The other difference between trail crampons and technical crampons is the trail crampon has an easy-to-use strap-on binding so that you can wear them with your regular winter hiking boots.

Spikes of Crampons

Crampons usually have 10-12 points of contact to provide traction. Crampons have many spikes around the outer edge of the soles and the toes, which give them anti-slip properties and also provide additional support.

The spikes are either made of steel or aluminum. Aluminum for hiking crampons is excellent to reduce weight both on your boots or when carrying in your pack but has a higher risk of bending if the winter trail is rocky. Steel spikes will last longer if you encounter a lot of rocks. Stainless steel spikes will resist rust extending the life of your crampons.

The spikes on a trail crampon are less than 1″ long, while technical crampons are 1-2 inches long. This is not a case of bigger is better for ice traction when hiking. Microspikes improve the grip of your boots rather than dig holes into the trail. A moderate-length spike lets you move quickly and smoothly over the trail. A long spike, as you would find in a technical crampon designed for ice climbing, will result in your foot snagging as you walk.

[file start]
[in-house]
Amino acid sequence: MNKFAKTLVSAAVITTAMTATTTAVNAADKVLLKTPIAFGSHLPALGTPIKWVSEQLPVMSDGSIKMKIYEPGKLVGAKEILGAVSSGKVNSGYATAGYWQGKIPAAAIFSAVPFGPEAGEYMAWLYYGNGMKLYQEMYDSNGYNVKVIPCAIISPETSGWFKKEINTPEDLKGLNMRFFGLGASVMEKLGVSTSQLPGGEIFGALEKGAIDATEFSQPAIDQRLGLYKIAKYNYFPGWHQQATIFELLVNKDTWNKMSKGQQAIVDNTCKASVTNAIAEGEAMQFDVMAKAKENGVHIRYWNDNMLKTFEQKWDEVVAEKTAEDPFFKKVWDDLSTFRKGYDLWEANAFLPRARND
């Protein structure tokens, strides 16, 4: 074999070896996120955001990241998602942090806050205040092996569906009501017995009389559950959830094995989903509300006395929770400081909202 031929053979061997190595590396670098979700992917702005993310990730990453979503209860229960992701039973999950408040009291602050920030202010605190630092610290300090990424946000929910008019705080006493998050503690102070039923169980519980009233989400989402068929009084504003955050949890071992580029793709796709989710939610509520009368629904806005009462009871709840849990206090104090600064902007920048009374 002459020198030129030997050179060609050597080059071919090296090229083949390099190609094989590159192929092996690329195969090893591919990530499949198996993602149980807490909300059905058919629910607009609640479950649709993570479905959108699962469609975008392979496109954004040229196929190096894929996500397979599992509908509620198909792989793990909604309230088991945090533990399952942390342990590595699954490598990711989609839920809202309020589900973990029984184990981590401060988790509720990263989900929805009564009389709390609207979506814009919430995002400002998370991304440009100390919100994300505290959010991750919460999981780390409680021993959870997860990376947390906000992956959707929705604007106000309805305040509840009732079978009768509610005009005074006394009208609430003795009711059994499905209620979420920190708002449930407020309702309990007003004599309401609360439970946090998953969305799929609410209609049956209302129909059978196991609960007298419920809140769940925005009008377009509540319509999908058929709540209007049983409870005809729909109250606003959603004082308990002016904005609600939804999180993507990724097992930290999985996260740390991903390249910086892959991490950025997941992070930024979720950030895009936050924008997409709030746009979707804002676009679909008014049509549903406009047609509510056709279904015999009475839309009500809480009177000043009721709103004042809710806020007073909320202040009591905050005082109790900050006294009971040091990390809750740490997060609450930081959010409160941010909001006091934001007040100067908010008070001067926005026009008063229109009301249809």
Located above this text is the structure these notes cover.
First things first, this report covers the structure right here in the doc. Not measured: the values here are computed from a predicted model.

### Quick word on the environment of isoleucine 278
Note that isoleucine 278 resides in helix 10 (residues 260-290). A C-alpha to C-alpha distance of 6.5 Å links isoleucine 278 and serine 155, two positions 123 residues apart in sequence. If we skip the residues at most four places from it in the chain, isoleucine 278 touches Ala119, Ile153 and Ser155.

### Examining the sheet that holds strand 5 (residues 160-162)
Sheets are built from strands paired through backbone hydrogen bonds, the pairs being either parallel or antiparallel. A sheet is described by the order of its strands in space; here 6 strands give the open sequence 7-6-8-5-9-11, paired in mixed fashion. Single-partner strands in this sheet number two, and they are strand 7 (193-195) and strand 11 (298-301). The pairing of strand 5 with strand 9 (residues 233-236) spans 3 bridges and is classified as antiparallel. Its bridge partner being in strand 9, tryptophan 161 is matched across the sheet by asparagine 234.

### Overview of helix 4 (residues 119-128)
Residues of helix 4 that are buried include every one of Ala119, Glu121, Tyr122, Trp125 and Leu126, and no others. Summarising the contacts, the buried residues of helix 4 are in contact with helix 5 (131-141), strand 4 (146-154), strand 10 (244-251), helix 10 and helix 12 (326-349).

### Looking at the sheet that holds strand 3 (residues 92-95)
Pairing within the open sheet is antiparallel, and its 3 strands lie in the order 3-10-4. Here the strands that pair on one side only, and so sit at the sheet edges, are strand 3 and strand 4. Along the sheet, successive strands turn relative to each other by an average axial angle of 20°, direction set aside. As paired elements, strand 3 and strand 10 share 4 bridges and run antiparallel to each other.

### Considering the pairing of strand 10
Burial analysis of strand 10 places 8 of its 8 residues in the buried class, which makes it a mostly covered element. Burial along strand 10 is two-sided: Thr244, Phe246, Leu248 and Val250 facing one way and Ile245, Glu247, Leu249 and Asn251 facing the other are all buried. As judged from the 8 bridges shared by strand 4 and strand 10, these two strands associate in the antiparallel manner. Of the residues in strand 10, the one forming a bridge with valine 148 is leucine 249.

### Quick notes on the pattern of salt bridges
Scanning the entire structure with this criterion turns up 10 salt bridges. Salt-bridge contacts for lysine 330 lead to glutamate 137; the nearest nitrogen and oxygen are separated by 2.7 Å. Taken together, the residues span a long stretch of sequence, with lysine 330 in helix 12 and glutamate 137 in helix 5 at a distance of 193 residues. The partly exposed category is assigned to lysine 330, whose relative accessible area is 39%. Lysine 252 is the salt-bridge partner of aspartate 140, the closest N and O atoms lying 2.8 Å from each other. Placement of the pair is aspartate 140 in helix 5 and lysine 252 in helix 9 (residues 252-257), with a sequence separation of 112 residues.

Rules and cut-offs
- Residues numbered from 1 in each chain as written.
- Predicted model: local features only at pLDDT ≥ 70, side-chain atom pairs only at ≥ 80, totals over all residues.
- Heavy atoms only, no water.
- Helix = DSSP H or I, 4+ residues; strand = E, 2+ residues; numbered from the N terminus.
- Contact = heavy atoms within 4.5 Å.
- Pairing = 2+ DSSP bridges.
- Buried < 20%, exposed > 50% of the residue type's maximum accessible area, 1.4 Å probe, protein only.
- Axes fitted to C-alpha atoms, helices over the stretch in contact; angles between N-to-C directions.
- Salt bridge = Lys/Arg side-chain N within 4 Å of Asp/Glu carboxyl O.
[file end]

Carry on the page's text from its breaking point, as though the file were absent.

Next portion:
Microspikes on shoes climbing an icy stairway.
Microspikes are great on a mixed surface trail like this with rocks and ice.

What are Microspikes?

Microspikes are built to give you traction on snow and ice so that you won’t slip and fall. It’s designed for flatter terrain and shallow slopes. The best use for microspikes in the winter is to hike easy trails or through packed snow and icy surfaces.